How to Prepare for Stormy Weather

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How to Prepare for Stormy Weather

By Marilyn Pribus –

Remember that old song, “Don’t it always seem to go, you don’t know what you’ve got ‘til it’s gone?”  It’s that way with electricity, that invisible, but essential service in today’s home.

Hurricanes in summer, ice storms in winter and heavy winds any time can interrupt service. Often lines are repaired promptly, but a major weather event may leave you without power for several days or more.

Sans electricity, you can’t use a cordless phone to call the power company. Depending on the season, the pipes can freeze or the freezer can thaw. The laptop and cell phone and iPad can’t be recharged. If you’re dependent on a well, you’re without water. Critical medical devices, security systems, invisible fences, and garage door openers all need electricity.

Be Prepared
Always have basic equipment including a good stash of batteries in various sizes for flashlights, radios, and other electronics. Rotate them so they are always fresh. Candles work for light, of course, but can be a fire hazard, especially if you have children or active pets.

Stay charged. If bad weather is forecast, double check that your electronics are fully charged. Have a cell-phone charger that operates off your car’s battery. Invest in at least one portable “juice-pack” that can recharge electronic devices (and keep them charged-up and available). Most of these portable power sources also serve as flashlights.

In really severe weather, cell towers may be without power. If you still have a landline, keep one phone that plugs directly into the wall because cordless units generally require electricity.

If your power goes out, first check to see if it’s out in your entire neighborhood. Program your power provider’s emergency number into your phone right now. When you call and provide your address, you can often learn whether your power will be restored in three hours or three days.

Secure your fridge and freezer doors to remind you not to open them absent-mindedly. (If you keep them shut, most units will keep food safely cool for as long as two days.)

To prevent damage from either very low power or a power surge, throw the circuit breakers or unplug appliances such as refrigerators, washers, dryers, TVs, computers and such. Leave a light—or a small radio—turned on to let you know when power is restored.

In our recent frigid weather, some homeowners had frozen pipes. Running just a small trickle of water through pipes can usually prevent this. If you do have frozen pipes, be safe in trying to warm them. Hair dryer, yes. Blowtorch, no.

Camping at Home
If you are a camper, you probably already have a propane lantern, stove, and other supplies. If the heat’s off in winter, haul out the sleeping bags. To make things an adventure, set up a tent for the kids. But remember: only use camp stoves, hibachis, or charcoal grills outdoors because of the very real danger of carbon monoxide poisoning.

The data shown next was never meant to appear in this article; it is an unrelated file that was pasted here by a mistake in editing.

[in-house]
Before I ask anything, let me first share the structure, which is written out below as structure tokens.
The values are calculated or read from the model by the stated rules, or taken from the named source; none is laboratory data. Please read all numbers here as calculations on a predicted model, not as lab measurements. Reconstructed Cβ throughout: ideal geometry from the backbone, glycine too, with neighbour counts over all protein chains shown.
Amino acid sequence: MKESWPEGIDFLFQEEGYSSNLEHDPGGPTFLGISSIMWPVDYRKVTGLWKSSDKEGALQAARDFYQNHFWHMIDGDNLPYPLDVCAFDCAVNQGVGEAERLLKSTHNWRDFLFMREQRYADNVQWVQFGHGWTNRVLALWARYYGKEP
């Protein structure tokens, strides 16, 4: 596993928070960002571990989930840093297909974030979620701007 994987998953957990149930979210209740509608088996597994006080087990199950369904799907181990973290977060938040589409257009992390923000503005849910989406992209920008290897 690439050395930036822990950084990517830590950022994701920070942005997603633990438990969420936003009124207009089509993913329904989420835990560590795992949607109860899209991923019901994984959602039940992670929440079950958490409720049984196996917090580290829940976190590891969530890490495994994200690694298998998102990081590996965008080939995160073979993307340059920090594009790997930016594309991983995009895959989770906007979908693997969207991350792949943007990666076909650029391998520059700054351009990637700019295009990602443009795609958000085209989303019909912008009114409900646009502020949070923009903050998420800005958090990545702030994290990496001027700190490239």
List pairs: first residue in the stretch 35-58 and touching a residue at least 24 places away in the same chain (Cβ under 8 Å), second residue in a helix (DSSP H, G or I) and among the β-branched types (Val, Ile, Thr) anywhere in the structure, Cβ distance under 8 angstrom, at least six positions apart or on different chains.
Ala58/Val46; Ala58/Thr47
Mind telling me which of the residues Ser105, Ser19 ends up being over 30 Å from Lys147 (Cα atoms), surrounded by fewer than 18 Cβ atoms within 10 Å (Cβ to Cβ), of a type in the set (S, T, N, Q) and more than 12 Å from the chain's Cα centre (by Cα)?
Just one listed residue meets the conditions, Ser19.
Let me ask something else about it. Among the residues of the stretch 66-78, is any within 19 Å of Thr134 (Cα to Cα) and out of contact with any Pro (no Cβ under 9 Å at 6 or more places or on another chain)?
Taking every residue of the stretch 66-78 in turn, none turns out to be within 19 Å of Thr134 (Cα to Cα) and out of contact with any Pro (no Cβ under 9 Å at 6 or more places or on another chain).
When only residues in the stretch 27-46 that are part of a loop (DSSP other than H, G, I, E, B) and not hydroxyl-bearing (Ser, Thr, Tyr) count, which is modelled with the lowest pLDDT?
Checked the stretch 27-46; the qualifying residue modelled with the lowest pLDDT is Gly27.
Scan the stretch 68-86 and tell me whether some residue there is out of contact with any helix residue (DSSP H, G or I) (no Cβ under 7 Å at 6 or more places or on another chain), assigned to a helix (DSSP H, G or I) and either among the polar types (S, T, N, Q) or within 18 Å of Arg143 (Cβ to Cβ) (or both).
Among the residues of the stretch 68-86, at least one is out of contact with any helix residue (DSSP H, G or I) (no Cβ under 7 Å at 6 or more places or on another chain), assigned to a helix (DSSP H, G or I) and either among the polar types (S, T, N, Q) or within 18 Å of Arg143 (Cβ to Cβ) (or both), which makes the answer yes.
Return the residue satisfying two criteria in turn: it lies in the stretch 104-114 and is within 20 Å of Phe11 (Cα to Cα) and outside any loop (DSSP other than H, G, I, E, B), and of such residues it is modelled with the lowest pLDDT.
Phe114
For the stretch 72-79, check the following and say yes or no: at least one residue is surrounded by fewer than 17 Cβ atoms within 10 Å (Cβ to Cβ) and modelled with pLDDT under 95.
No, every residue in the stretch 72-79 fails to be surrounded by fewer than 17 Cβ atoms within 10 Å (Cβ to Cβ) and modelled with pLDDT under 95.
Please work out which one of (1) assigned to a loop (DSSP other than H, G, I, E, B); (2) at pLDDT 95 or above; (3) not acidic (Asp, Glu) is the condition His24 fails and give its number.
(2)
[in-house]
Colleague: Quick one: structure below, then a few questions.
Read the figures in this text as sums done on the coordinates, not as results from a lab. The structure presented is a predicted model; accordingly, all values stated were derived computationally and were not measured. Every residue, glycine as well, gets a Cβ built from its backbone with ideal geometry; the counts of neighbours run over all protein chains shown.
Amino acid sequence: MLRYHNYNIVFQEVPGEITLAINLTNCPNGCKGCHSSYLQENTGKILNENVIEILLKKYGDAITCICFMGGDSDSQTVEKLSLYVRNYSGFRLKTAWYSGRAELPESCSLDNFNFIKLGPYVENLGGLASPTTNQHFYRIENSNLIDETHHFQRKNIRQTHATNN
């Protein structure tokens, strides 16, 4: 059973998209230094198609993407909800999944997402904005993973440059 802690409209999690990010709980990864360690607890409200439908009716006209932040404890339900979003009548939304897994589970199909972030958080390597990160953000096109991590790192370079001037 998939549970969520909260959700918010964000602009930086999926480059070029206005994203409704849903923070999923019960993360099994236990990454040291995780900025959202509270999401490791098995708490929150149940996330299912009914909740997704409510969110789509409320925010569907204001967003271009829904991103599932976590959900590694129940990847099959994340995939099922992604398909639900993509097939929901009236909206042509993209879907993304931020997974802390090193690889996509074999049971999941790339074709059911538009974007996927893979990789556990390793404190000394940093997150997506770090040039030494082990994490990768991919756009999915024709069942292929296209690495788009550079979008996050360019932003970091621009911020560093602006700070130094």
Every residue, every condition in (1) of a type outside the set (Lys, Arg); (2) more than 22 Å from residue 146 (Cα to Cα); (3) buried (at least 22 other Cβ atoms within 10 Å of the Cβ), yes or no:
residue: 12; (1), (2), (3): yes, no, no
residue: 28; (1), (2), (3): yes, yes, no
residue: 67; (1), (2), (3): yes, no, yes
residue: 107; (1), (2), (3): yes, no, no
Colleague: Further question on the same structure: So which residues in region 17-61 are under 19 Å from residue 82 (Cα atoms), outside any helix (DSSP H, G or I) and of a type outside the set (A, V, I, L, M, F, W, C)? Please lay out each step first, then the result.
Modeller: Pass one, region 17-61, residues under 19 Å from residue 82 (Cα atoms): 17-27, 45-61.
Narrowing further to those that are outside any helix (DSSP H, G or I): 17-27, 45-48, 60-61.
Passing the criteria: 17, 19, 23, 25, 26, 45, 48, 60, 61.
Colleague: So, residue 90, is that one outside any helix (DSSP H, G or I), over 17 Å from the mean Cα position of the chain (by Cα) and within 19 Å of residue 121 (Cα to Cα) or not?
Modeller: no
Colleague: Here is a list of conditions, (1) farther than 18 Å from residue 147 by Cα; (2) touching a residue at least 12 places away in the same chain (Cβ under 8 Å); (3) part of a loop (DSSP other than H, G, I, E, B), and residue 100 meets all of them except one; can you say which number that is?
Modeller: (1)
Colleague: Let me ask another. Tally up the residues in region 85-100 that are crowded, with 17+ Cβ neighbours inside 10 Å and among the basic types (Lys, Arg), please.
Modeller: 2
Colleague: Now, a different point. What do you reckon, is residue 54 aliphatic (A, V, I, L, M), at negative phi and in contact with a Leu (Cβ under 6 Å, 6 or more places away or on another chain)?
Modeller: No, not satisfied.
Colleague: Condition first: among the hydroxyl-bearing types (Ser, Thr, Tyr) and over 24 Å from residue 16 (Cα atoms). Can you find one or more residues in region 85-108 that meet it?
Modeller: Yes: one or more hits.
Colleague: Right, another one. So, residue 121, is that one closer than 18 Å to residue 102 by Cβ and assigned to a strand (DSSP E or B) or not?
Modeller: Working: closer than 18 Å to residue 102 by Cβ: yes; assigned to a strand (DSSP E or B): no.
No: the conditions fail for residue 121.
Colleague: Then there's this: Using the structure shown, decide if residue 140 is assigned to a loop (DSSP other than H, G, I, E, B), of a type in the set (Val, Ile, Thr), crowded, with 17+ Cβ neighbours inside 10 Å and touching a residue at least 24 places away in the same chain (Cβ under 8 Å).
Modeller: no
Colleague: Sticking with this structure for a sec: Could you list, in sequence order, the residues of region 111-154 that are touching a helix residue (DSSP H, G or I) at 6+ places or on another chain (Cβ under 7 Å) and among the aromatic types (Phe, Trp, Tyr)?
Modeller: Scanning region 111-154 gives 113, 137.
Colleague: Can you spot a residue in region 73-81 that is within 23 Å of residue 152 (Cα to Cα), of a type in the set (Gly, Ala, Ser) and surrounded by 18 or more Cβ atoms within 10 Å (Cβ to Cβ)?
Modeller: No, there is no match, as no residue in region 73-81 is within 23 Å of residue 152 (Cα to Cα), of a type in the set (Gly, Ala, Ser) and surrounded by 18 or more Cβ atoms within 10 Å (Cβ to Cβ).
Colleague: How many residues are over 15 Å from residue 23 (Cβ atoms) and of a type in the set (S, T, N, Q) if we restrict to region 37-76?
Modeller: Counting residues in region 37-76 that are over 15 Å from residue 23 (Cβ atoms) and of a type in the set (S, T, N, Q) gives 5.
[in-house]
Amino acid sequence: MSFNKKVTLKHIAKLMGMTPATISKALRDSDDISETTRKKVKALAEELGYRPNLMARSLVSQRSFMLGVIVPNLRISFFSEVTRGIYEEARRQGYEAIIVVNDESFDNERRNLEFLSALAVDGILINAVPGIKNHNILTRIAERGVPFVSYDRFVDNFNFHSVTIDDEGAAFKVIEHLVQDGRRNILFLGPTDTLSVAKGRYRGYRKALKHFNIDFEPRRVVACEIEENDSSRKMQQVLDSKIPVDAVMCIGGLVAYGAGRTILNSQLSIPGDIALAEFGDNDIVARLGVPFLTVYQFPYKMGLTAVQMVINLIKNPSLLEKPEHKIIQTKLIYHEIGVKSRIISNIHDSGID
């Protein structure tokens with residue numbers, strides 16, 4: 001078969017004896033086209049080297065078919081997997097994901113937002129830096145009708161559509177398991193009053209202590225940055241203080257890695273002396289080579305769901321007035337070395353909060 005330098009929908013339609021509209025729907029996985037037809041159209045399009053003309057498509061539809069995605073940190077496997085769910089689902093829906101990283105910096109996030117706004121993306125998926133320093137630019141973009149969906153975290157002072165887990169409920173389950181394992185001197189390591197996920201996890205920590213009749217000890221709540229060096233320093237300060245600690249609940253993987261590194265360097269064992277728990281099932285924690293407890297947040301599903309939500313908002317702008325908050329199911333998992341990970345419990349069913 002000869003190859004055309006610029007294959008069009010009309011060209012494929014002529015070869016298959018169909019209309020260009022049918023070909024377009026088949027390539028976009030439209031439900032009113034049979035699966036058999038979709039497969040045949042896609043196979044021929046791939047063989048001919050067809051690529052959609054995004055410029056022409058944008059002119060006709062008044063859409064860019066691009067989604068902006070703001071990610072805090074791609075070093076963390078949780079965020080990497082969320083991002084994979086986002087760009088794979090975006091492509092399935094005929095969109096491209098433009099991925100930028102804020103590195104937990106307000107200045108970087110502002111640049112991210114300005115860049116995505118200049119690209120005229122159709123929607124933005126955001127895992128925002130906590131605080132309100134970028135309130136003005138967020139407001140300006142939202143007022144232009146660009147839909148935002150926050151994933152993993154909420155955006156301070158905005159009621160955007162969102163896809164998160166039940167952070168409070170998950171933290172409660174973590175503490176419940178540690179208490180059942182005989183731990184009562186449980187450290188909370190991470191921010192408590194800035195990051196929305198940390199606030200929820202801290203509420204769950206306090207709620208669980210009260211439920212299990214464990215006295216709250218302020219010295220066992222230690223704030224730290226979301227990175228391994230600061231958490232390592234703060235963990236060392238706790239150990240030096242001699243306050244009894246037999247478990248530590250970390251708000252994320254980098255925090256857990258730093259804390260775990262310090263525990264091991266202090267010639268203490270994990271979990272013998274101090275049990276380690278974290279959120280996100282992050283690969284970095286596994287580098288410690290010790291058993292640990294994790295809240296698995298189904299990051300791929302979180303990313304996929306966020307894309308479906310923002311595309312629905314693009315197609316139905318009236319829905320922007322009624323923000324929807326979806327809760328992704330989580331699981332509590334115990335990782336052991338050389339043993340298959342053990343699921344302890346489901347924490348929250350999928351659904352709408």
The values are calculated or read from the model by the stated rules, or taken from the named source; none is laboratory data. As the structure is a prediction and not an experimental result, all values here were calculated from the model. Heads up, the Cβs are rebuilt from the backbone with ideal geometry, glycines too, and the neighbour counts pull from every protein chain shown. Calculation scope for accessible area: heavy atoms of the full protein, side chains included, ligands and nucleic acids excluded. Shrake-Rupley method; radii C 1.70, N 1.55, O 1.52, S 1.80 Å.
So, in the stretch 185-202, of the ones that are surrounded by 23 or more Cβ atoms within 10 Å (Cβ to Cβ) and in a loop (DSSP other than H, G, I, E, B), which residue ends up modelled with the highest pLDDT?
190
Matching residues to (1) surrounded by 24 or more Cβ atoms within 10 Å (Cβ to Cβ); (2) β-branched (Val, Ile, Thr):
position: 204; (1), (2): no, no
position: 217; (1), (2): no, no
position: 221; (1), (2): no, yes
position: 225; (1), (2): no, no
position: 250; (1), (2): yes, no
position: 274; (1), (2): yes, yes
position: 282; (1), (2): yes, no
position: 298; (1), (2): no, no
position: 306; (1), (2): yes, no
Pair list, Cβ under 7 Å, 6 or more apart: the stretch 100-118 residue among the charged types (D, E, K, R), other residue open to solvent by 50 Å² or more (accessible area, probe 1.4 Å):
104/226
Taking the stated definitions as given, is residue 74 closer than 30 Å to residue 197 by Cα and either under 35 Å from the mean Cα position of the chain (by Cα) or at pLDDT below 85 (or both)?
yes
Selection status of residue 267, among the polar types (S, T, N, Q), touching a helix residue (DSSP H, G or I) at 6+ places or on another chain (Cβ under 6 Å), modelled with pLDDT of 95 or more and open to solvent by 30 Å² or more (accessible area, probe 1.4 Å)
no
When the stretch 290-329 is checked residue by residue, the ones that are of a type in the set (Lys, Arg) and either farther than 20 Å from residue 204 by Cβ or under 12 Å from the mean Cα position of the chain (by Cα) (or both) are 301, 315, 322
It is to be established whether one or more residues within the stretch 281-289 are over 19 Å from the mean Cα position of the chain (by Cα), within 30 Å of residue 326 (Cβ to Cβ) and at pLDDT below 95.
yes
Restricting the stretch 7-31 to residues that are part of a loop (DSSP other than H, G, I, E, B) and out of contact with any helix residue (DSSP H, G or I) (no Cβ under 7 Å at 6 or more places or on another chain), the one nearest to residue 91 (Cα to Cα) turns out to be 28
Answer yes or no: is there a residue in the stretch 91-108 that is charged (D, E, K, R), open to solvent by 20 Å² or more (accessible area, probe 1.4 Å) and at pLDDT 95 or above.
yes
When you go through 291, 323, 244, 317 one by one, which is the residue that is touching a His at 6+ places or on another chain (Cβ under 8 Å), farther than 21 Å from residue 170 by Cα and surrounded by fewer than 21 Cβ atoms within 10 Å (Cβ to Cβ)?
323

Glow sticks are dandy. Just snap them for low-level but usable lighting for up to 12 hours in hallways or bathrooms. If you have solar lights by your sidewalk or driveway, you can bring them in at night (if they’re not buried under snow, of course).They will recharge outdoors in daylight, even without direct sun.

There are also high intensity 30-minute chemical lights available. They are safe and cool to the touch, but they do expire, so check dates periodically. Place any light—propane lantern, flashlight, candle, or glow stick—next to a mirror to increase illumination.

Back-up Generators
Utility companies have a priority protocol for power restoration. If a single repair will light up a nursing home, an apartment complex, or an entire subdivision, it will be performed ahead of one that brings only a few houses back on line. This means a generator may be a sensible option for some folks.

Many people choose portable generators that can support essential circuits such as those supporting medical devices, well pumps, HVAC units, and refrigerators. These must be started by the individual and must never be used in a garage or other enclosed (or even semi-enclosed) area.

Other people opt for automatic back-up generators. Local contractors and businesses can install these to individual specifications. While some generators can power the whole house, most people opt for including essential circuits only. After all, you don’t need to worry about your washer, dryer, or dishwasher for a day or two.    

These automatic generators switch on as soon as the system detects a problem with power from the utility company, often with an interruption of only a few seconds. Depending on the system, these generator often will automatically switch off when the utility company’s power is restored at a safe and constant level.

Generators are typically installed near a home AC unit and electric service panel.  Fuel sources are generally natural gas, propane or diesel. If you already have gas or propane, that’s the logical way to go, otherwise diesel is an economical choice and diesel generators may have a longer life span and require less maintenance. Fuel tanks for propane or diesel can be installed or buried inconspicuously.

So don’t put off preparations for bad weather problems. They may not happen, but if they do, you’ll be glad you did.


Marilyn Pribus and her husband live in Albemarle.  They once had a refrigerator burn out when power was lower than standard for a period of time before being fully restored.

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